Once again the HSRCA is heading to Sydney Motor Sport Park to enjoy a weekend of historic sports and racing cars. We’ll be at the track this Sunday the 19th of August and will have a selection of wonderful racing and sports racing cars from the recent past on display.
The star of the HSRCA display will undoubtedly be the 1967 Formula 1 Repco-Brabham BT24 driven by Sir Jack himself that year. Displaying the No1 on the side, as Sir Jack was the Formula One World Champion, this car won the French and Canadian GPs and was second in the Dutch, German and Italian GPs. It finished second in the World Championship to Denny Hulme, Brabham’s teammate driving another Brabham.
Other cars will be another two Brabham 1960s racing cars, a locally built and very much used 1960s racing car called the Gryphon, a historic Formula Vee with quite a few wins to its name in recent times, a Nota sports racer from the 1950s being the Nota Minx, a Porsche 911, a Clubman, an Alfa Romeo and a Lotus Eleven from 1958 with early Australian history.
These cars will be on display in garages 11, 12 and 13 and will put on a spirited display around lunchtime on Sunday. Can’t wait to catch up with everyone there!
Photo by Peter Schell
Welcome back to the official website of the Tasman Revival! Preparations for the 2012 Tasman Revival are well under way and our efforts are building each and every day. We’ll be bringing you a lot of useful, interesting and fun content right here, so stay tuned!
Each year on Australia Day, the NRMA and the car community take over a large section of Sydney’s CBD, fill it with lovely old cars and open up the streets for people to wander and take it all in. It’s a fun day with a great atmosphere and is brilliant for introducing classic cars and car culture to people who have not experienced it before.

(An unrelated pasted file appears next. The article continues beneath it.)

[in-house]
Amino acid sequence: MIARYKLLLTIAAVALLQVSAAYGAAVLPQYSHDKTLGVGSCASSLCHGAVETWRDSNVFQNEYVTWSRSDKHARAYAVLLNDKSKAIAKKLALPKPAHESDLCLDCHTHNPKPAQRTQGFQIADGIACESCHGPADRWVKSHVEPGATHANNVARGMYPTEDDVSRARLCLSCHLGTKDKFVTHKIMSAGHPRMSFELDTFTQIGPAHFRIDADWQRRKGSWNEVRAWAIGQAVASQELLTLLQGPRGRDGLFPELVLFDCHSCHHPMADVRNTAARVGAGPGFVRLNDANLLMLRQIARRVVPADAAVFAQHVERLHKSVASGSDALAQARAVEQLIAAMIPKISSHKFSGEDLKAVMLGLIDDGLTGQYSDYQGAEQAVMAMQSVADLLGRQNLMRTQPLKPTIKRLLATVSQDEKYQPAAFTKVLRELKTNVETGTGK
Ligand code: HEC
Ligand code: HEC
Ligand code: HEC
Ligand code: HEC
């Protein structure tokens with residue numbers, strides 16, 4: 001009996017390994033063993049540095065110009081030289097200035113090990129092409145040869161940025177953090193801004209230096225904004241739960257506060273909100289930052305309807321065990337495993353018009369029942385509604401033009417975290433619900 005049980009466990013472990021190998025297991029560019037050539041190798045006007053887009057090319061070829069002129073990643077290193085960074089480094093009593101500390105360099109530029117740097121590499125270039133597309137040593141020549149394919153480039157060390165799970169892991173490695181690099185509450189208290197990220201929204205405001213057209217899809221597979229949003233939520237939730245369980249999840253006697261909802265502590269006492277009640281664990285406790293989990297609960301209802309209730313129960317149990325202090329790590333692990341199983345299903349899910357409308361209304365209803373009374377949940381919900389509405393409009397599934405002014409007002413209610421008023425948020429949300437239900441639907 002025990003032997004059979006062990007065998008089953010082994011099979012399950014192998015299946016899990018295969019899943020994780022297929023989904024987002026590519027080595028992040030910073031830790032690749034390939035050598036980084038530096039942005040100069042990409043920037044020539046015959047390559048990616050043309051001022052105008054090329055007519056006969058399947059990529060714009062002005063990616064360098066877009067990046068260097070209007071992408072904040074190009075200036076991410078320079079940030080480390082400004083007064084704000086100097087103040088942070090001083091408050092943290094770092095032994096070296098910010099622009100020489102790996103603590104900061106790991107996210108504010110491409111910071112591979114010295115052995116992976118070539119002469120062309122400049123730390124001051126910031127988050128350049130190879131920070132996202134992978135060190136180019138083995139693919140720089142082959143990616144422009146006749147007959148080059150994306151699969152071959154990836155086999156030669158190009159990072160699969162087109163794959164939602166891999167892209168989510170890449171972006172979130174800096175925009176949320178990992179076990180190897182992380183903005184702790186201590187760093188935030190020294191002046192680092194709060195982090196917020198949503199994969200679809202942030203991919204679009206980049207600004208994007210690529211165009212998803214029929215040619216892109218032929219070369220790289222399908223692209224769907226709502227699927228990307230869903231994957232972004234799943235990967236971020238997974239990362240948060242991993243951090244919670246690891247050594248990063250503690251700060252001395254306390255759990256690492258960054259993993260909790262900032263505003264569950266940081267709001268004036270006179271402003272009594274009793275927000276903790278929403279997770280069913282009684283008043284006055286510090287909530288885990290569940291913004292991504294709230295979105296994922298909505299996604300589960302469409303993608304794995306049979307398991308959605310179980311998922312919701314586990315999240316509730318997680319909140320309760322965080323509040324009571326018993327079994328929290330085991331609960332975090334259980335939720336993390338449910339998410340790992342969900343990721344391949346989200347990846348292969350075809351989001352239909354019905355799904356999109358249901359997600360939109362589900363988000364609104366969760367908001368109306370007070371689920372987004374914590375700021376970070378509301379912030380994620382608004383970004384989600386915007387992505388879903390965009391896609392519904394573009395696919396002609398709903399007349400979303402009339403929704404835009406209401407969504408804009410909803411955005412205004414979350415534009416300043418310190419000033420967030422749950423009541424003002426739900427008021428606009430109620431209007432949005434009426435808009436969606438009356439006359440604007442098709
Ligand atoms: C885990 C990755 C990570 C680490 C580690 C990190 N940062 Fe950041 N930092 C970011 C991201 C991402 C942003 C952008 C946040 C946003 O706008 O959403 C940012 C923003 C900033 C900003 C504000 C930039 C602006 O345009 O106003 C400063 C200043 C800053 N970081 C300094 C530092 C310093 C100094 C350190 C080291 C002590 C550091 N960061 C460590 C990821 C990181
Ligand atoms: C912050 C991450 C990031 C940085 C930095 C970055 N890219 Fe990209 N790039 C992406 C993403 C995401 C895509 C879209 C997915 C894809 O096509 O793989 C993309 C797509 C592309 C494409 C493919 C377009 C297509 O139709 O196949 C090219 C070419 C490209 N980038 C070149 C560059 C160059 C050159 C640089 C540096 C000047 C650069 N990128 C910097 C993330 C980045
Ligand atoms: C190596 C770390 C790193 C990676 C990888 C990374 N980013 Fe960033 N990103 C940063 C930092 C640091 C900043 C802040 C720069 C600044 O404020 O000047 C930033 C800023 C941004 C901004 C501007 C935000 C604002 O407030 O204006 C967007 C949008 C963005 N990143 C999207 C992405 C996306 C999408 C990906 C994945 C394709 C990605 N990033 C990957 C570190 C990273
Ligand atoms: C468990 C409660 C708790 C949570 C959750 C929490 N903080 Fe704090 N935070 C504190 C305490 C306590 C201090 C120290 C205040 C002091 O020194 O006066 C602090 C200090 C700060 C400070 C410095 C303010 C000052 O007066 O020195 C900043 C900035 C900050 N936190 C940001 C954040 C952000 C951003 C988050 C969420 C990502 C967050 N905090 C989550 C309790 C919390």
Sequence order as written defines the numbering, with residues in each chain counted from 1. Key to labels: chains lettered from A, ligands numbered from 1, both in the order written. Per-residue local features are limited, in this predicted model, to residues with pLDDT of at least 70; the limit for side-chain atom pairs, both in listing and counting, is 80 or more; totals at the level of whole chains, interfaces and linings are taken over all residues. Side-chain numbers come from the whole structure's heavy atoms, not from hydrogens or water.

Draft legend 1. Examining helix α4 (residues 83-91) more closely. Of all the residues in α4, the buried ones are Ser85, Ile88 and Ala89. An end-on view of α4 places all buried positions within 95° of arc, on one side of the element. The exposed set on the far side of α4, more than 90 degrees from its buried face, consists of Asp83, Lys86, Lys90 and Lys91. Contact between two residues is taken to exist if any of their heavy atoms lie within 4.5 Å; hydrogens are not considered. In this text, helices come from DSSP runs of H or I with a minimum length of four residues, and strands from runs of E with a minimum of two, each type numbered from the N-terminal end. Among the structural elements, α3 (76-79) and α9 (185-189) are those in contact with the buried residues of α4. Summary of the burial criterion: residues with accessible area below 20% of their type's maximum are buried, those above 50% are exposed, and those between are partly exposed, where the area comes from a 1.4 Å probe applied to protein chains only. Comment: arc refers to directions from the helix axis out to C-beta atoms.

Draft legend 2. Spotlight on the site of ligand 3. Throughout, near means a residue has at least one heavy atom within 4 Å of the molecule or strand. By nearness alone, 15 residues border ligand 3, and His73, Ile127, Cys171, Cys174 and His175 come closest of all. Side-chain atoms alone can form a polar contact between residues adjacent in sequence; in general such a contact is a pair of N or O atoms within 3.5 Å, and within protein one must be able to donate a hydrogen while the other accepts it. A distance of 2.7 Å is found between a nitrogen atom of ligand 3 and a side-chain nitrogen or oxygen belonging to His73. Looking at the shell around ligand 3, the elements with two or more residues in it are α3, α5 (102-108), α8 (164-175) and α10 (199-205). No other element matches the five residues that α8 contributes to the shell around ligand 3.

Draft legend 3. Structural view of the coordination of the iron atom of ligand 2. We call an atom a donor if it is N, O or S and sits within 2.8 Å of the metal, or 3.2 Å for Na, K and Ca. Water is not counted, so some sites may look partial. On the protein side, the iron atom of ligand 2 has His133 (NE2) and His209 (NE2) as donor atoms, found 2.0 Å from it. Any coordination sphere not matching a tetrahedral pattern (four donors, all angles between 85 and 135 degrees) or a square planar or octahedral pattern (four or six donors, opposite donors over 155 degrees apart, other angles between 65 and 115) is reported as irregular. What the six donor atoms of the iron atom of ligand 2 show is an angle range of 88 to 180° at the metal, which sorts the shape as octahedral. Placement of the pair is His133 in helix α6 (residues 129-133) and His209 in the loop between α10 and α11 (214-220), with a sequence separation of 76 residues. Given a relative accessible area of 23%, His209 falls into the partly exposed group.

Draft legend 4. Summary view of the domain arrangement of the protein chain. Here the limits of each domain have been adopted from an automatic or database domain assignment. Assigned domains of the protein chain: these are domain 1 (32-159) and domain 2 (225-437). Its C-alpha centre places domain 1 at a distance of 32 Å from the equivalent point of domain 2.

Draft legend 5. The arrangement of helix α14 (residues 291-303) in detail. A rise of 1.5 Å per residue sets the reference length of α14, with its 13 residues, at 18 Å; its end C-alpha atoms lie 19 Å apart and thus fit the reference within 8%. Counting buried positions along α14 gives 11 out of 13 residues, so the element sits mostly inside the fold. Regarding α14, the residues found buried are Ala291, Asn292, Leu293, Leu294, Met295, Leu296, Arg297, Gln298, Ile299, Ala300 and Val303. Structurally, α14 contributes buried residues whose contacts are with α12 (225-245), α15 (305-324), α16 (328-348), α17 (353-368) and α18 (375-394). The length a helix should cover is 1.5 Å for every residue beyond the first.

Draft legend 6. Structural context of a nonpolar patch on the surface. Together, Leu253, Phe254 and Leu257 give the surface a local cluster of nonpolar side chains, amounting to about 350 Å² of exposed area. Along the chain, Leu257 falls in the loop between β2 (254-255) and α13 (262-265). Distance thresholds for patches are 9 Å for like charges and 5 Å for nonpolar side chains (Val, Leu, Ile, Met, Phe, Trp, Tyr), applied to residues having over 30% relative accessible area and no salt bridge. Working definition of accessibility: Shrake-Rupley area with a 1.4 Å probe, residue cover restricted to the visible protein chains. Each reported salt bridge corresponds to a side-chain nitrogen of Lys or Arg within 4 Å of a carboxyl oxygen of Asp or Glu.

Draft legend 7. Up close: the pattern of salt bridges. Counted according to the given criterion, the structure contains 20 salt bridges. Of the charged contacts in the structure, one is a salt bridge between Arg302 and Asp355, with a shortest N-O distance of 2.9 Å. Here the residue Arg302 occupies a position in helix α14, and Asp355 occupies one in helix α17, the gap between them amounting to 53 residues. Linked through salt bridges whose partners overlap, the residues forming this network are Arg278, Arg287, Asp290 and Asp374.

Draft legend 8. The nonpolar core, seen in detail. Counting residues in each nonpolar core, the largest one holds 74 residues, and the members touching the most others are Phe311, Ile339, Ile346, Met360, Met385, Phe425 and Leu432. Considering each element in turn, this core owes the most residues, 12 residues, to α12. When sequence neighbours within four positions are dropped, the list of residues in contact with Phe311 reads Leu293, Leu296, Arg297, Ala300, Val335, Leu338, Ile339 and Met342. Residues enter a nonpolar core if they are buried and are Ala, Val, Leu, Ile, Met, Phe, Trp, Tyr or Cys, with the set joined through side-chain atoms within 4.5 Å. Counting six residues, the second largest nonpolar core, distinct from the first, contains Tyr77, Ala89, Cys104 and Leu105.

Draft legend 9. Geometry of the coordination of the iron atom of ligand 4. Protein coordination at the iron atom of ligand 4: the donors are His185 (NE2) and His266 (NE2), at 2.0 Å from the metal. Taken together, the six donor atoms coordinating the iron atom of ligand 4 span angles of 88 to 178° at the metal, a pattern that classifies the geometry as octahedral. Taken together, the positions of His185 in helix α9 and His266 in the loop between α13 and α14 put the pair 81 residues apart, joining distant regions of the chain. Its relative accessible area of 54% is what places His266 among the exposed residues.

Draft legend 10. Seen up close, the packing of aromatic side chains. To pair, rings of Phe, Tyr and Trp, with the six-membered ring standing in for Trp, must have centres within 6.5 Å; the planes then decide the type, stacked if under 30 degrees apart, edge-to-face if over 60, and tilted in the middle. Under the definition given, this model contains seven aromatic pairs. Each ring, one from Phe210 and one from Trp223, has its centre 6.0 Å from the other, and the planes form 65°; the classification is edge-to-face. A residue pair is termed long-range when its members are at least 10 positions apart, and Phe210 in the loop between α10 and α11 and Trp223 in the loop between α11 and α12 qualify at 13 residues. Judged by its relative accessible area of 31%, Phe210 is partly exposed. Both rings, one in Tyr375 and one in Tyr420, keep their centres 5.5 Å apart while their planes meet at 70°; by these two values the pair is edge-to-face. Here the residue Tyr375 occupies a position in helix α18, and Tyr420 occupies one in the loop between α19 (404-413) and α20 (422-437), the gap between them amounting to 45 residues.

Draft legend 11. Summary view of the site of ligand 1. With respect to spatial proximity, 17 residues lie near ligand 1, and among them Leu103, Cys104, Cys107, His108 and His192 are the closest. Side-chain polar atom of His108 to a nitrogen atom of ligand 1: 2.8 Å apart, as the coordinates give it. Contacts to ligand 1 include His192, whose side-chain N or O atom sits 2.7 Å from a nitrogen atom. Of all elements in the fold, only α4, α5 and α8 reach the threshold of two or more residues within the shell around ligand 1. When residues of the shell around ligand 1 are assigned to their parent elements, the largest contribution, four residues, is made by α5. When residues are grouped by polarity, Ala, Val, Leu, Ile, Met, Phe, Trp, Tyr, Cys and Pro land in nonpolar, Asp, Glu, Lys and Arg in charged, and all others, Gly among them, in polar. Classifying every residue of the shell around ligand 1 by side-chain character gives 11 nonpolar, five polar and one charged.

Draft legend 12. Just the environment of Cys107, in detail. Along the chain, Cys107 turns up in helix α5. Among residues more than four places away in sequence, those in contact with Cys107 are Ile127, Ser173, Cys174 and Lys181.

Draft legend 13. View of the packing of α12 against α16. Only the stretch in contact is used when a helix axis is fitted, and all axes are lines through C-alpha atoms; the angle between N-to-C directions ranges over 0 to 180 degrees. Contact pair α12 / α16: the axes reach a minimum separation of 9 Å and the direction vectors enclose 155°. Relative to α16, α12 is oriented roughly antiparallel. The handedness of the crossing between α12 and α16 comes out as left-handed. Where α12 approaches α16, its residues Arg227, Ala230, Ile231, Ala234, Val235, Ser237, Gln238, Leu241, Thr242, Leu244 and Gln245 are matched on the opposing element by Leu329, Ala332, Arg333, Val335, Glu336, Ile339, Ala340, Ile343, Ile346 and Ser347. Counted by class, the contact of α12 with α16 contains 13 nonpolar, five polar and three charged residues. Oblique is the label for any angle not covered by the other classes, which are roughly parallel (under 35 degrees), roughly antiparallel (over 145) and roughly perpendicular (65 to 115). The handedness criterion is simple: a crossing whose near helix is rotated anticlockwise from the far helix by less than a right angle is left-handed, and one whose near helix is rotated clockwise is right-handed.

Our preparations for the 2012 Tasman Revival are building each day, and we took this as an excellent opportunity to meet new people and introduce them to the event.
We set up a miniature paddock across the road from Hyde Park and spent a relaxed and enjoyable day mingling, chatting about cars, life and everything and spreading the word about the Tasman Revival. A huge “Thanks!” to everyone who helped to organise it and who brought their cars along and, of course, any and everyone who stopped by!
Enjoy this small gallery of photos from the day.
In a little over two months’ time, the HSRCA will be heading back to Eastern Creek International Raceway to burn off the winter blues with some hot historics.
Last time we were there was for the 2010 Lotus Sydney Tasman Revival, and a ball was had by all. We recently received some photographs taken by Roderick Mackenzie during the event, so it is time to share! Thanks to Rod for sharing his work!
Photography by Roderick Mackenzie